Archive for the ‘News’ Category.
With yet another release of Windows (seems like it was only last year… errr… wait), Microsoft has also released a new version of the remote server admin tools (a.k.a. RSAT). RSAT allow you to install the tools needed to manage your servers from a Windows 8.1 computer.
You might not think you need the RSAT installed as you are just remote desktop of the server you want to configure when needed to perform changes. Needless to say always logging onto a server to configure it is generally poor practice as it can lead to system stability issues. Once you install the tools on your PC you can use them to remotely perform these configuration without even having to logon to the server. This is even more practical now as all of the new tools are written via PowerShell meaning they can be run remotely against servers just as effectively as on the local machine.
Of course the real reason why you want the RSAT tools install on your computer it so you can run the latest version of the Group Policy Management Console (a.k.a. GPMC).
Tip: Always edit group polices using the latest version of GPMC as this will support all the features and cause the least amount of compatibility issues. As an example you might have noticed that there is no Internet Explorer 11 Group Policy Preferences however the IE10 GPP does support IE11 in the new revision. In fact I talk about this in detail in my TechEd New Zealand session where I show that the version checking for IE 10 group policy preferences now check for version 10 to version 99.
As with the previous version of the Remote Server Admin Tools Microsoft will also be automatically installing all the tools once the Windows Update is applied..
NOTE: In this release of Remote Server Administration Tools, all tools are enabled by default. There is no need to open Turn Windows features on or off in Windows 8.1, and enable the tools that you want to use.
Downloat RSAT Link http://www.microsoft.com/en-us/download/details.aspx?id=39296
The Group Policy Search Engine is a great web site that has all the different version of Microsoft Group Policy ADMX files that allows you to easily and quickly search for the policy setting. This site is one I use very frequently especially and is a must have bookmark for any Group Policy Administrator.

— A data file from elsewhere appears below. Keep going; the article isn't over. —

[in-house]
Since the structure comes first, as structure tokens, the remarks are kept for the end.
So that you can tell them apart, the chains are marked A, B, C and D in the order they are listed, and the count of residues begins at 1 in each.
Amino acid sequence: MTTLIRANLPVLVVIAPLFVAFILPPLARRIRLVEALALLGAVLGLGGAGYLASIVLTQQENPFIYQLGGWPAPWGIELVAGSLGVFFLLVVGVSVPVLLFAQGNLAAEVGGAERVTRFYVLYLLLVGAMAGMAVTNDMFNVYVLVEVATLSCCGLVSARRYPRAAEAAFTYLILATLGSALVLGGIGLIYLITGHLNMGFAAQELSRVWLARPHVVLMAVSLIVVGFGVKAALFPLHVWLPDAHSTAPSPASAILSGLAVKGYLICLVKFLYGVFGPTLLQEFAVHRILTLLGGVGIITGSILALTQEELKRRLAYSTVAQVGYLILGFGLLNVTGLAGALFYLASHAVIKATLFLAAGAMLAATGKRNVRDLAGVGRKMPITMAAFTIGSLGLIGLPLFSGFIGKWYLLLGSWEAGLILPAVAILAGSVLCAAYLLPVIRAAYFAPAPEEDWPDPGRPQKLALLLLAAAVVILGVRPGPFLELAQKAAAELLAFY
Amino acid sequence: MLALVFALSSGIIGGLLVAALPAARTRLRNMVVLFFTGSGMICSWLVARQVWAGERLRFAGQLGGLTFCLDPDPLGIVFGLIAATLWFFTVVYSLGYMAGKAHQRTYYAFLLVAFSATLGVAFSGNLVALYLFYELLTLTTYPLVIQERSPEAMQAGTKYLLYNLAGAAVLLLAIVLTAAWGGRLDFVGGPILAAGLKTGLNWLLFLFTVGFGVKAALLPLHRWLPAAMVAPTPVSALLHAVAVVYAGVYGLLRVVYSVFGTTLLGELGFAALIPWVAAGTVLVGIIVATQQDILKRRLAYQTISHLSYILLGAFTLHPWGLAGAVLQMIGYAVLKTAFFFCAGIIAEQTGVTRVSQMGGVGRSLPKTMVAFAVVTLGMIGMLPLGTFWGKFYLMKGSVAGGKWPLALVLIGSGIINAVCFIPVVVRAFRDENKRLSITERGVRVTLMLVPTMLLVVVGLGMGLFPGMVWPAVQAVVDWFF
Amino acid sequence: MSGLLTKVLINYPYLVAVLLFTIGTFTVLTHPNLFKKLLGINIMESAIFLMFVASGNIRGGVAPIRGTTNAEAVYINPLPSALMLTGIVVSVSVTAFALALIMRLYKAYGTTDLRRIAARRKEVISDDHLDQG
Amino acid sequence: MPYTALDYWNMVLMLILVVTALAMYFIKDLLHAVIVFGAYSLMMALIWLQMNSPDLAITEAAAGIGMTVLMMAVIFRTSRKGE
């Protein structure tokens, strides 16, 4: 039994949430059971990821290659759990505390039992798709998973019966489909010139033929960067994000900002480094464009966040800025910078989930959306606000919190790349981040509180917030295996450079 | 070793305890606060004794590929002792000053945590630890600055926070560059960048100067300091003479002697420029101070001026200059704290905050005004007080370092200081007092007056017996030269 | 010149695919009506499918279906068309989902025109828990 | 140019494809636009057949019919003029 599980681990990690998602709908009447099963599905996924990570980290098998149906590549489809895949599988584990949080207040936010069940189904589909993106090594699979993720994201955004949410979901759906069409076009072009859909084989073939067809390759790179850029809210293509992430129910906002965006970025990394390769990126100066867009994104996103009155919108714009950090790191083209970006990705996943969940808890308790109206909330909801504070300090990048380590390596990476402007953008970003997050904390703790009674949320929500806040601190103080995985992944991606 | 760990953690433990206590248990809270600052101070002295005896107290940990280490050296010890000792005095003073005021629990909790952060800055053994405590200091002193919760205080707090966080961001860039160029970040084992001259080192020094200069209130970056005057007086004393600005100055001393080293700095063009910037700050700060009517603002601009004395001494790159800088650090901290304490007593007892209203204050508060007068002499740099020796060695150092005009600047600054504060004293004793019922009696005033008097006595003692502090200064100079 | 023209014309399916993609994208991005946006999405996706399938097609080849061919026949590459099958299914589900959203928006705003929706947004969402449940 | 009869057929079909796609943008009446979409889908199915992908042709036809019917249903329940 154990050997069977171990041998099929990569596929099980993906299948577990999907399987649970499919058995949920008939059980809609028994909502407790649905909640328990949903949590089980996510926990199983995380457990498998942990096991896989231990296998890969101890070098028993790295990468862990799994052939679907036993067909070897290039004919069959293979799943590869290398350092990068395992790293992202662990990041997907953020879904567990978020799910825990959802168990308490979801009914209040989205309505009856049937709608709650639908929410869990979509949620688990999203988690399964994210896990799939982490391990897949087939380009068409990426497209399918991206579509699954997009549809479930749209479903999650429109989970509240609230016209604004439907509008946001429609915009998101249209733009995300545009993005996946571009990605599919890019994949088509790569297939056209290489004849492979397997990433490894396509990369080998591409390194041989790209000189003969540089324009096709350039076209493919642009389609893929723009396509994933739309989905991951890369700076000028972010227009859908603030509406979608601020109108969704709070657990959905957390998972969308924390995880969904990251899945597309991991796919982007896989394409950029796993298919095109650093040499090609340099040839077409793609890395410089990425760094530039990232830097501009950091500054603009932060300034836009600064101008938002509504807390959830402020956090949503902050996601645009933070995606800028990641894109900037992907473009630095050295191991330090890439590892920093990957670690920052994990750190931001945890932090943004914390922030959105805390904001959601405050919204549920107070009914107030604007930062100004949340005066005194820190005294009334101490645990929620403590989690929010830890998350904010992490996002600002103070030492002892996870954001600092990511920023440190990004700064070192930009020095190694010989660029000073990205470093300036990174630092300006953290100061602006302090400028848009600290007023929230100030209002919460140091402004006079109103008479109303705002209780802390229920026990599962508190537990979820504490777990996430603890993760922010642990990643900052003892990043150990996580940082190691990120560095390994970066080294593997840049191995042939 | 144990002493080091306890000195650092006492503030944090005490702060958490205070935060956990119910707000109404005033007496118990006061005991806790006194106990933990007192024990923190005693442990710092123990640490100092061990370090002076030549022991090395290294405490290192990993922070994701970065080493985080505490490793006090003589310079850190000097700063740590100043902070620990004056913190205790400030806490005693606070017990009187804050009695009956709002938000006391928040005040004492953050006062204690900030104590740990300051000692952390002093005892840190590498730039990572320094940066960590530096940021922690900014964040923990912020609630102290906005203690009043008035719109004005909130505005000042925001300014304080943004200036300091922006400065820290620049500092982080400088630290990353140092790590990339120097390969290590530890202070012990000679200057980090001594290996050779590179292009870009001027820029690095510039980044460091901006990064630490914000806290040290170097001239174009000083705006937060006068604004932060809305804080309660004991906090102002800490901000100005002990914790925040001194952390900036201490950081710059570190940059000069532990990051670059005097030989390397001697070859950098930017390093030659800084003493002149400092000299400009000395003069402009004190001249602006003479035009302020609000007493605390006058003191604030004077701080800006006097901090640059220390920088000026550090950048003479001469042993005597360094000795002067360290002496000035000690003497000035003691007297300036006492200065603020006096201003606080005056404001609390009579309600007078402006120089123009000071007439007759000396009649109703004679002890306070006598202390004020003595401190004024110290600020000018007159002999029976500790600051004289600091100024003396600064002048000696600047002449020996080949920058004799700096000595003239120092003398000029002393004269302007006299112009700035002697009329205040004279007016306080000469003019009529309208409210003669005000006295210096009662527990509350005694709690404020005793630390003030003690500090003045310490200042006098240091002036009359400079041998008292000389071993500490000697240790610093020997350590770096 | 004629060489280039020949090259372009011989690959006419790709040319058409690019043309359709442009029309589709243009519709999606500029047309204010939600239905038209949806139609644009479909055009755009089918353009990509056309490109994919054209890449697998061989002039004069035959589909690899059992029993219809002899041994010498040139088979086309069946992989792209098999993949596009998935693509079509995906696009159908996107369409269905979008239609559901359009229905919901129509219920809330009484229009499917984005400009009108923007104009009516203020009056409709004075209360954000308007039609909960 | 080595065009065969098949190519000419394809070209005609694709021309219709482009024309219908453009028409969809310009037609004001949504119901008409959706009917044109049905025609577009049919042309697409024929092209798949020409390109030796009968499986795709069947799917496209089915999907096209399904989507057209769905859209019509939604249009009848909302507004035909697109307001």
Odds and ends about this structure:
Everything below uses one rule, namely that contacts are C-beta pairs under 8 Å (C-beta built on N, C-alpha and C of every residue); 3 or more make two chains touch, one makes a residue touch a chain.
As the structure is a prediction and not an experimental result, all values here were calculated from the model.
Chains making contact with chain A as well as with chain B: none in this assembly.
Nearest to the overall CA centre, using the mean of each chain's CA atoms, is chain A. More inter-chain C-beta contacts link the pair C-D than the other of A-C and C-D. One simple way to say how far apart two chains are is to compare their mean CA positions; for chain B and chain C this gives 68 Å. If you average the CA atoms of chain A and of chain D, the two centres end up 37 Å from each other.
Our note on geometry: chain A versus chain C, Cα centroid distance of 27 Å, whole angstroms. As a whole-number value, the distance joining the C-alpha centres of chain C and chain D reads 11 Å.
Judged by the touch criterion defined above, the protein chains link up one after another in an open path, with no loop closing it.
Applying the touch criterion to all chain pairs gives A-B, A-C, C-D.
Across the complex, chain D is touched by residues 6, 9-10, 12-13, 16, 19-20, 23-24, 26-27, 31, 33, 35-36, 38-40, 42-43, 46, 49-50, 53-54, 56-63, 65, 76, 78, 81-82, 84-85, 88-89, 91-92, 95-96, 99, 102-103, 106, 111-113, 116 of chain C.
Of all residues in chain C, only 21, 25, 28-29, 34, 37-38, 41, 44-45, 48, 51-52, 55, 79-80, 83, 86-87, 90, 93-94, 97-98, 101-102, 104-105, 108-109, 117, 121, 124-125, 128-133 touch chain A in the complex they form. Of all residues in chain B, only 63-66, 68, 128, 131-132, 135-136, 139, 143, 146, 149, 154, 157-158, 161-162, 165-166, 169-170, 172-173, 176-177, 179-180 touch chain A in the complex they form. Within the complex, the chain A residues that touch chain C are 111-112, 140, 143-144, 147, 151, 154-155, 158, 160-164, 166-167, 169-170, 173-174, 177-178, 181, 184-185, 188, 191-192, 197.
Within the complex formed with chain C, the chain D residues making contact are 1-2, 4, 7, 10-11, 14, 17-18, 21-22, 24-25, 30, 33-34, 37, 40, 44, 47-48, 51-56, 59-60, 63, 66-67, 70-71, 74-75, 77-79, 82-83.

Well, Stephanus from Microsoft who maintains the web site has just loaded the Windows 8.1 and Windows Server 2012 R2 policy setting meaning you can now look up all the new policy setting in the latest version of Windows.
So check out the new 8.1 settings at http://gpsearch.azurewebsites.net/
Microsoft has just released the RTM version for people who have MSDN or TechNet subscriptions of Windows 8.1 and Windows Server 2012 R2 (see http://blogs.technet.com/b/windowsserver/archive/2013/09/09/attention-technet-and-msdn-subscribers-windows-server-2012-r2-available-for-download-today.aspx). The really great new about this release is that there are a few new Group Policy setting, most notably NATIVE support for IT Administrators to configured boot to desktop.
The setting name is called “Go to the desktop instead of Start when signing in or when all the apps on a screen are closed” and can be found under the User Configuration > Policies > Administrative Templates > Start Menu and Taskbar. Certainly Microsoft has gone out an made the policy setting name a bit long but I am sure it will become to be know as the “Boot to desktop” group policy setting.
Its pretty simple to implement just check the “enable” option and apply the policy to all your Windows 8.1 accounts and they will go straight to the desktop when they logon.